Conversations about a new set of regulations for the LMP1 class have a long time, as predicted by the development road that the FIA and ACO expect for the class, and as the first cycle of regulations has at least two more seasons to go in the FIA World Endurance Championship, the efforts to keep the class balanced while the machines evolve seem to be settled, even though it’s still away from the ideal point.
Based in the efforts that FIA and ACO brought in order to slow the manufacturers a bit, the times clocked at Paul Ricard during the Prologue prove that development in the edge of the regulations and there’s always another route for that. With this, the new set of regulations to start in 2018 may create a gap to what Audi, Porsche and Toyota have on track, while improving the role of the hybrid systems and consequently reliability.
The current regulations establish only two hybrid systems harvesting a maximum of 8MJ based in a lap at Le Mans. Two of the three manufacturers currently achieved at least one of these goals while the third one is really close to do so, and based into Toyota’s specs of the new TS050 Hybrid, the balance between the combustion engine and the hybrid systems is equally distributed or nearly so.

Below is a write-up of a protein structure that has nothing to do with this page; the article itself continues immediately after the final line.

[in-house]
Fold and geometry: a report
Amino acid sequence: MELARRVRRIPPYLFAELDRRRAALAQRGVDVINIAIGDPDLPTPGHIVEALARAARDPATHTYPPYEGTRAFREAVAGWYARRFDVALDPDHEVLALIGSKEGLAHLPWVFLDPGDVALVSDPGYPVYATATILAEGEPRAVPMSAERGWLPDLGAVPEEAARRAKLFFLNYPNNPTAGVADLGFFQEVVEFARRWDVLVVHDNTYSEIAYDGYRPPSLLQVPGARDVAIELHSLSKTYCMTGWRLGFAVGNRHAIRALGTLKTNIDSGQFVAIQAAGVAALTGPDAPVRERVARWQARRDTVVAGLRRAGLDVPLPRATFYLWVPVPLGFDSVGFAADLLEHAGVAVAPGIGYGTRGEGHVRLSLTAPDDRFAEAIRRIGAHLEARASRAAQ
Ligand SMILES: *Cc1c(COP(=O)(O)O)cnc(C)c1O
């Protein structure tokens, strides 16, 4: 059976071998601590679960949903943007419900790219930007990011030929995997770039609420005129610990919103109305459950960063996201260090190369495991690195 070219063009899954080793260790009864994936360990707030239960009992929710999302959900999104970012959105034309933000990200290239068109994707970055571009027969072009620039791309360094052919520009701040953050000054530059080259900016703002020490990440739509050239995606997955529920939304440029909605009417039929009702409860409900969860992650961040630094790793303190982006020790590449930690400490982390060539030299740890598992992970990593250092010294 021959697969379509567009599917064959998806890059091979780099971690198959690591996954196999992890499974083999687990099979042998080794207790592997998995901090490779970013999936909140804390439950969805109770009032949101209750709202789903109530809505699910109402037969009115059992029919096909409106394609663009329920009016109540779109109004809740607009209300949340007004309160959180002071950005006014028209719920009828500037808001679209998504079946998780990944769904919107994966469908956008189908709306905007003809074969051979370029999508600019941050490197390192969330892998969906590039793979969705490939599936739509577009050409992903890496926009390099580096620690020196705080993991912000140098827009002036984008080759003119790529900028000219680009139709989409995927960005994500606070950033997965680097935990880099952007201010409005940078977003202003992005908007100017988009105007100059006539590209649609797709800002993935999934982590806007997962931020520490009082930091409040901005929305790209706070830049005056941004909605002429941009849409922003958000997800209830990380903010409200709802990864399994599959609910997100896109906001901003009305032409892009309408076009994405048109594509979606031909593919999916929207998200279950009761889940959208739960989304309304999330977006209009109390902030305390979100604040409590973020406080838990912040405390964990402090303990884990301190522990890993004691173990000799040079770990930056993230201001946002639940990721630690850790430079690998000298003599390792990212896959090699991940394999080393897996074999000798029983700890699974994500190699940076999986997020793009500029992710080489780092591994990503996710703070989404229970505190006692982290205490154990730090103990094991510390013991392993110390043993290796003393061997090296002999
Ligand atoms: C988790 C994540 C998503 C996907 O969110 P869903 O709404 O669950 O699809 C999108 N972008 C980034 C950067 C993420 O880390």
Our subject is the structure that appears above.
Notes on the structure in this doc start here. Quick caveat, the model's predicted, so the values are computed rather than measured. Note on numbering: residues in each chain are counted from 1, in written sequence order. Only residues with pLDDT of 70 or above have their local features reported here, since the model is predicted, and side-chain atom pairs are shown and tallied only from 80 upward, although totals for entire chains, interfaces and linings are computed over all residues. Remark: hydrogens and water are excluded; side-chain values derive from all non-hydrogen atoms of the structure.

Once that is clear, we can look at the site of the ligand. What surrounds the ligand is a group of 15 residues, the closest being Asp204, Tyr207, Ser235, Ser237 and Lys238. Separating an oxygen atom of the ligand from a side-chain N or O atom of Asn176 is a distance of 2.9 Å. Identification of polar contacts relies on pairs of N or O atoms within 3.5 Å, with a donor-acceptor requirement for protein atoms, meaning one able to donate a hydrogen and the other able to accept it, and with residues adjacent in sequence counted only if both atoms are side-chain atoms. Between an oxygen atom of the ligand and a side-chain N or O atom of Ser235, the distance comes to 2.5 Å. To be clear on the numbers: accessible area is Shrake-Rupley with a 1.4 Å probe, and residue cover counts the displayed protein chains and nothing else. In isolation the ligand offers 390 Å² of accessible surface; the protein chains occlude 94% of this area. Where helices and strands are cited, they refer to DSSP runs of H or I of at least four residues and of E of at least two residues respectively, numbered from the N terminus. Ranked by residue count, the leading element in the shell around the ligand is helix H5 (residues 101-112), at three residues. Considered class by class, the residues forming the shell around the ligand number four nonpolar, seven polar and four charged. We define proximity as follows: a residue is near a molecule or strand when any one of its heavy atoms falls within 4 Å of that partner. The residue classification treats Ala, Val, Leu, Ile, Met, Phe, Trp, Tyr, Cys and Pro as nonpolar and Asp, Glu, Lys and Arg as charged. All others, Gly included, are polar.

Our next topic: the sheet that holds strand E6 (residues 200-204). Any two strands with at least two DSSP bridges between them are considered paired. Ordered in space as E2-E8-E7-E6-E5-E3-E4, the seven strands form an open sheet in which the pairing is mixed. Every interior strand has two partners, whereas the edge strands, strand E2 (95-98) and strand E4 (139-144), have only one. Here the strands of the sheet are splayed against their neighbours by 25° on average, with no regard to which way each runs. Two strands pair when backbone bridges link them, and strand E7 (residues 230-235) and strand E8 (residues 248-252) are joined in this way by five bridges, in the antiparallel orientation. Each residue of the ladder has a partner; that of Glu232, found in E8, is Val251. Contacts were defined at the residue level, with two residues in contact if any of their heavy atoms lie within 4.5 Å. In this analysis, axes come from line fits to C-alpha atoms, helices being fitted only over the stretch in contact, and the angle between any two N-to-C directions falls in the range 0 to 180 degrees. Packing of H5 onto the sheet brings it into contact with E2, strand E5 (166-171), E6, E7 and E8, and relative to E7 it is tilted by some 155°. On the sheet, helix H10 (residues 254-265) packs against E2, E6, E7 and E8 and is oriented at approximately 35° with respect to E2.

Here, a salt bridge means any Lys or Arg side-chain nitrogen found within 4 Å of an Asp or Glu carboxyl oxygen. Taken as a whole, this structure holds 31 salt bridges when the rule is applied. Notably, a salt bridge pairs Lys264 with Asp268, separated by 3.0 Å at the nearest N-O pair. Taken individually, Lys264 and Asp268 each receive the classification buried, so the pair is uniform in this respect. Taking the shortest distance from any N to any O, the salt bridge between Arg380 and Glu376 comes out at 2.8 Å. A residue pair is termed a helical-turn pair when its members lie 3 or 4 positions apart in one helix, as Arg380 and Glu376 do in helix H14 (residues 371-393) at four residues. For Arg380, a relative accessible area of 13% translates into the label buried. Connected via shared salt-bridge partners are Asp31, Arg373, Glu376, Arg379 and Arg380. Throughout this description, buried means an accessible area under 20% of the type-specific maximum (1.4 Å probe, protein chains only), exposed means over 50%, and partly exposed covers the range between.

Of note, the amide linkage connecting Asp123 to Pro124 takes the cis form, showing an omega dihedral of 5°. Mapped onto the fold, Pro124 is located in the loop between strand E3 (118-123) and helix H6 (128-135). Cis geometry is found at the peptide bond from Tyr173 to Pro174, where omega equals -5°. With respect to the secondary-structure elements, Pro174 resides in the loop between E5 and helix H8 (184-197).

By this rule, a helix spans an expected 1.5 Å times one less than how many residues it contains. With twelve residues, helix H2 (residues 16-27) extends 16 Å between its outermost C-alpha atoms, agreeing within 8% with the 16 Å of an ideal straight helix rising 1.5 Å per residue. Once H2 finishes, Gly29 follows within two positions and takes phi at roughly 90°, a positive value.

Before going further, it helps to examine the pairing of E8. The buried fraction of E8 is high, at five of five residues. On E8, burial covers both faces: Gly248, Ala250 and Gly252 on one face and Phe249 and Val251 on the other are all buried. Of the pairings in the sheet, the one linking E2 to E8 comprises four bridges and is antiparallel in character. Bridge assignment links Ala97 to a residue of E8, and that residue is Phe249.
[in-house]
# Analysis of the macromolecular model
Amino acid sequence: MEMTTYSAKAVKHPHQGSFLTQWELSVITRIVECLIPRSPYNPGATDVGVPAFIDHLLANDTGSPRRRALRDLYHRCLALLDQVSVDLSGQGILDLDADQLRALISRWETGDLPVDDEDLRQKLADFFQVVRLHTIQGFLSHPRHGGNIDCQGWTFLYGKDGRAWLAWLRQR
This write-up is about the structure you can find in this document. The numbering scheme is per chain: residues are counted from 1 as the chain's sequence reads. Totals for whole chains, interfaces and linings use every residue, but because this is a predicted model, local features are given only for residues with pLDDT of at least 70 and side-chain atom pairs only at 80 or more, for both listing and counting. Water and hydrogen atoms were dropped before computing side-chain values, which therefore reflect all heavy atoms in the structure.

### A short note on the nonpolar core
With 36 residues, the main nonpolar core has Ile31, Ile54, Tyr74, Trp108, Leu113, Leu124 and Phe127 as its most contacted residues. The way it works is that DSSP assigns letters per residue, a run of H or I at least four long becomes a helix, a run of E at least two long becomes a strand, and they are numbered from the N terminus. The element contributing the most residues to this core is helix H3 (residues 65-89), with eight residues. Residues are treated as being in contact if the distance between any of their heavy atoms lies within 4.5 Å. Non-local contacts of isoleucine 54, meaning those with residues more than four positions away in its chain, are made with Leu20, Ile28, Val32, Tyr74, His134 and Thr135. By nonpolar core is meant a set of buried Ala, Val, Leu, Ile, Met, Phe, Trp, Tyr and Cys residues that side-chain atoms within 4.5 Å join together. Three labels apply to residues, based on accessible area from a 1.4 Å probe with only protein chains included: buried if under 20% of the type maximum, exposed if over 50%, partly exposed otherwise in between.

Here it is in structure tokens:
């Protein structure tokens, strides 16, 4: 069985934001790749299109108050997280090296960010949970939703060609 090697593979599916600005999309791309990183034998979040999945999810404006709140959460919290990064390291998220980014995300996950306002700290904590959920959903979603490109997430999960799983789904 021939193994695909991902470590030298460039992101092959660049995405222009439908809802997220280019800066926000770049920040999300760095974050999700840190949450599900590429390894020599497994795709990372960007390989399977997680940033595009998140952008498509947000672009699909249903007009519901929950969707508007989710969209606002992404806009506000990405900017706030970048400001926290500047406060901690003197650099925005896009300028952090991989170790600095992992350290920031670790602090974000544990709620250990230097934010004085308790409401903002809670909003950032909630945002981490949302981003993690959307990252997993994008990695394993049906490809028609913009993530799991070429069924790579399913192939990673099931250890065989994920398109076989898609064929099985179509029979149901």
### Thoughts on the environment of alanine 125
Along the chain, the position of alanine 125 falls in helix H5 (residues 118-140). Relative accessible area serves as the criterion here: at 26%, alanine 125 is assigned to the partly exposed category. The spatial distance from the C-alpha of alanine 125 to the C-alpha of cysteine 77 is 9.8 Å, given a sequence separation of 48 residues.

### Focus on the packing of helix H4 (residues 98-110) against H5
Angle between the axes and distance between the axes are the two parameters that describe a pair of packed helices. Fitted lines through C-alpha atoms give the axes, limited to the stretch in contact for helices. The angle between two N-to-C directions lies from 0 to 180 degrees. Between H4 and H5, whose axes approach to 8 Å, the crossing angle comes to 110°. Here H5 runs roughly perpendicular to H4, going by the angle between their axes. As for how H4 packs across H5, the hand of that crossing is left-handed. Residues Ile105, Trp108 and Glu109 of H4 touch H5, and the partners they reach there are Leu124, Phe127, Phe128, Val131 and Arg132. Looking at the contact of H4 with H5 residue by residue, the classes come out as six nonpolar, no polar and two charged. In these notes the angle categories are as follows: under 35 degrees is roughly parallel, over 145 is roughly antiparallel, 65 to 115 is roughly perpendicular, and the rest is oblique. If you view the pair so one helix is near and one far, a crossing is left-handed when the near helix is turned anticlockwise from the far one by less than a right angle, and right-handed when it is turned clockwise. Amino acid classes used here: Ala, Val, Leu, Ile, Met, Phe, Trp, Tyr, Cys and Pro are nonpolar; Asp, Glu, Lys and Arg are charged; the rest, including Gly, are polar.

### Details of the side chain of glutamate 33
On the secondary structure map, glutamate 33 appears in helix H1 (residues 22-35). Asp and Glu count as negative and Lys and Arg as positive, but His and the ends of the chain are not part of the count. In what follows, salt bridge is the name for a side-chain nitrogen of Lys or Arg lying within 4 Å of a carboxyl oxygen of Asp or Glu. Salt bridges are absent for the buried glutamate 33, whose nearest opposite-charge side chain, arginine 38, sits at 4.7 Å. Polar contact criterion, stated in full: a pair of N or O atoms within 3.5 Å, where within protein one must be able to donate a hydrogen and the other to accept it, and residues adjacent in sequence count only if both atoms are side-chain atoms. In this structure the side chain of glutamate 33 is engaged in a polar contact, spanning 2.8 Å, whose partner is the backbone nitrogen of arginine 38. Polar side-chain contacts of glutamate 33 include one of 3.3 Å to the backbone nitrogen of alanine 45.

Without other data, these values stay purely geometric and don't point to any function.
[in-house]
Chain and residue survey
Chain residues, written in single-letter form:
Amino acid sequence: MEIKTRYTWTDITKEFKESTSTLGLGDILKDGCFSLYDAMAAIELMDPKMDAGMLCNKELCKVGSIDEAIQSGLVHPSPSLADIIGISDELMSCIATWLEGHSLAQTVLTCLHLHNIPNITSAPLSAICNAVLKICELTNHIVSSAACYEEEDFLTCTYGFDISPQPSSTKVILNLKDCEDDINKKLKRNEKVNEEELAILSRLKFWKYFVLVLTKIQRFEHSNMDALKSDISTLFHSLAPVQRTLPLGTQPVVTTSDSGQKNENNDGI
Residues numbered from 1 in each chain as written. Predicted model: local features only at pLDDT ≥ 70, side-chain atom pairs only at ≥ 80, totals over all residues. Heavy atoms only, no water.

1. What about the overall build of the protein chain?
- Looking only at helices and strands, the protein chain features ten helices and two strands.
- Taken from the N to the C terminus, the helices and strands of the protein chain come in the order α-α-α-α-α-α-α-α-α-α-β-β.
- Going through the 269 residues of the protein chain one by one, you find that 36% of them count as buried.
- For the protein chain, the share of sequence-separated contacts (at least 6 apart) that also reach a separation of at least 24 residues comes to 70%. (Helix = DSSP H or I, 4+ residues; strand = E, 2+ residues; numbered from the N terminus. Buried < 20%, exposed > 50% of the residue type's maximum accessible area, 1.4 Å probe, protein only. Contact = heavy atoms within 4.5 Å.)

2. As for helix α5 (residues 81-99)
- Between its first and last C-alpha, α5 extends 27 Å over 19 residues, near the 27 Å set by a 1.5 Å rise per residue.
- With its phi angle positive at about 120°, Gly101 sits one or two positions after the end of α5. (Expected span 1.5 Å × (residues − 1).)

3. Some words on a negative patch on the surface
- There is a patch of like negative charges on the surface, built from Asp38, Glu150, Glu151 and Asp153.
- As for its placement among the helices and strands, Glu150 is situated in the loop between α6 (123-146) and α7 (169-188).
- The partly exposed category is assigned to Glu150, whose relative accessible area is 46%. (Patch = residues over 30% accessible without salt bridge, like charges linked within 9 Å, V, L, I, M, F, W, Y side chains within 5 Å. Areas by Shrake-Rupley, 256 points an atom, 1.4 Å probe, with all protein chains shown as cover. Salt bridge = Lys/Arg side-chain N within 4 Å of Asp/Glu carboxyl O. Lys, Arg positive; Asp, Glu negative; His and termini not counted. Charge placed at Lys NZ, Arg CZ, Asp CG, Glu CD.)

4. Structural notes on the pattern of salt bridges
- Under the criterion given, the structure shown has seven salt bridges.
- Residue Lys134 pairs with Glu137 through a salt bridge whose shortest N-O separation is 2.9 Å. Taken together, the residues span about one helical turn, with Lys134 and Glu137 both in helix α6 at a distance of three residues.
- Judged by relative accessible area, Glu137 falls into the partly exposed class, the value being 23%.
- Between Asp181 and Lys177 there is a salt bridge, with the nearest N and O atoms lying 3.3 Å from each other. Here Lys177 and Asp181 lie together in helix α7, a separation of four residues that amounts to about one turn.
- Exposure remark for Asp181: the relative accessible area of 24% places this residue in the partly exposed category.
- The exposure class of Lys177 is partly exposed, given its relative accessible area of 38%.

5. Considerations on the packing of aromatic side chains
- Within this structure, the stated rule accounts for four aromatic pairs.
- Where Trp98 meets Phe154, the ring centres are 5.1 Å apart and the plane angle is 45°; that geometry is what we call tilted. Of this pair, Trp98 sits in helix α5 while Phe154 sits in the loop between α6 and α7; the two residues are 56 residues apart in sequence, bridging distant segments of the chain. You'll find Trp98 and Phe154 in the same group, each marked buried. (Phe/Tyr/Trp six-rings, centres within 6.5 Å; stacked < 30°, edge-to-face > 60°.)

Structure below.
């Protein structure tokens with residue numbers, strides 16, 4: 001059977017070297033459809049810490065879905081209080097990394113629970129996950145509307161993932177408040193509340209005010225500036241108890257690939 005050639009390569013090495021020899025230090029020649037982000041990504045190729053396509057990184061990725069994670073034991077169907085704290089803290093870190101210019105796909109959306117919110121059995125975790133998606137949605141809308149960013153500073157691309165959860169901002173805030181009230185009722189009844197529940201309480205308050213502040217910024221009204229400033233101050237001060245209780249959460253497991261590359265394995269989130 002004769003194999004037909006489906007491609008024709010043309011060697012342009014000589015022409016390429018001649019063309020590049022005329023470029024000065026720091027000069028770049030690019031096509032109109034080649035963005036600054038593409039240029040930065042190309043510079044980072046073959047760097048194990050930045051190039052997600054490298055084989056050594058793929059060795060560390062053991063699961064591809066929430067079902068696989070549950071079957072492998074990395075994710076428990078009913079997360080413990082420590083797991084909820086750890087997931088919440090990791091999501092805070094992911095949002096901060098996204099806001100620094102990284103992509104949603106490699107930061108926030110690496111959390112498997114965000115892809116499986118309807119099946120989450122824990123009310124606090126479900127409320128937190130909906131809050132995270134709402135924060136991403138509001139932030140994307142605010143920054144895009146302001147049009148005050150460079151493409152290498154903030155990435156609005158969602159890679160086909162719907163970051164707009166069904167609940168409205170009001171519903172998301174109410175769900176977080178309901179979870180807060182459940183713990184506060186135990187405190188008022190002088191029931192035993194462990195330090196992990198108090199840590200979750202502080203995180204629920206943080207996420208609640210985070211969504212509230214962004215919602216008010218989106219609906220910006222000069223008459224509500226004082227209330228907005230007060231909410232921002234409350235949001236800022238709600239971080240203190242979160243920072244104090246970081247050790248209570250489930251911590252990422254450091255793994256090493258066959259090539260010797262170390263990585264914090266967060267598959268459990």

The 2018 rules will enable a car to have three hybrid systems, harvesting 10MJ of energy. As there will be more cuts in terms of fuel flow, engines will also suffer some changes, although no definitions were given on this matter, but we can expect different engines from the ones used now, probably being smaller to meet the fuel flow levels. While the technology continues to evolve, cost cutting is still a point, so limitations in aero, testing and wind tunnel usage may keep the cost rising under a minimum.
Then we look to the side and we have the privateer LMP1 teams, which are now represented by Rebellion and ByKolles. The work on this side seems to be equally complicated as their evolution is slower than a manufacturer due to cost restrictions, and this detail puts the goal of being closer of the top players a task near of the “impossible” definition.
Today the privateers are between 6 and 10 seconds behind the manufacturers depending of the track, and while this is a commending effort for a car without hybrid power, it can make frustrating to invest huge amounts of money to not see the possibility of an overall win.
A new regulation specifically for non-hybrid cars is expected to come to light in 2017, but representatives from ACO recognize that giving extra power to cars is a measure that can be applied immediately with instant results. What they will approve after discussing with the teams is the only point that is keeping some interesting prospects in the sidelines, like BR Engineering and a return of Strakka Racing to the FIA WEC top class.
More meetings about the future of the LMP1s may occur this year, as ideas and constraints need to be analyzed carefully in order to create good and healthy competition between the parts involved.
PHOTOS: FIA WEC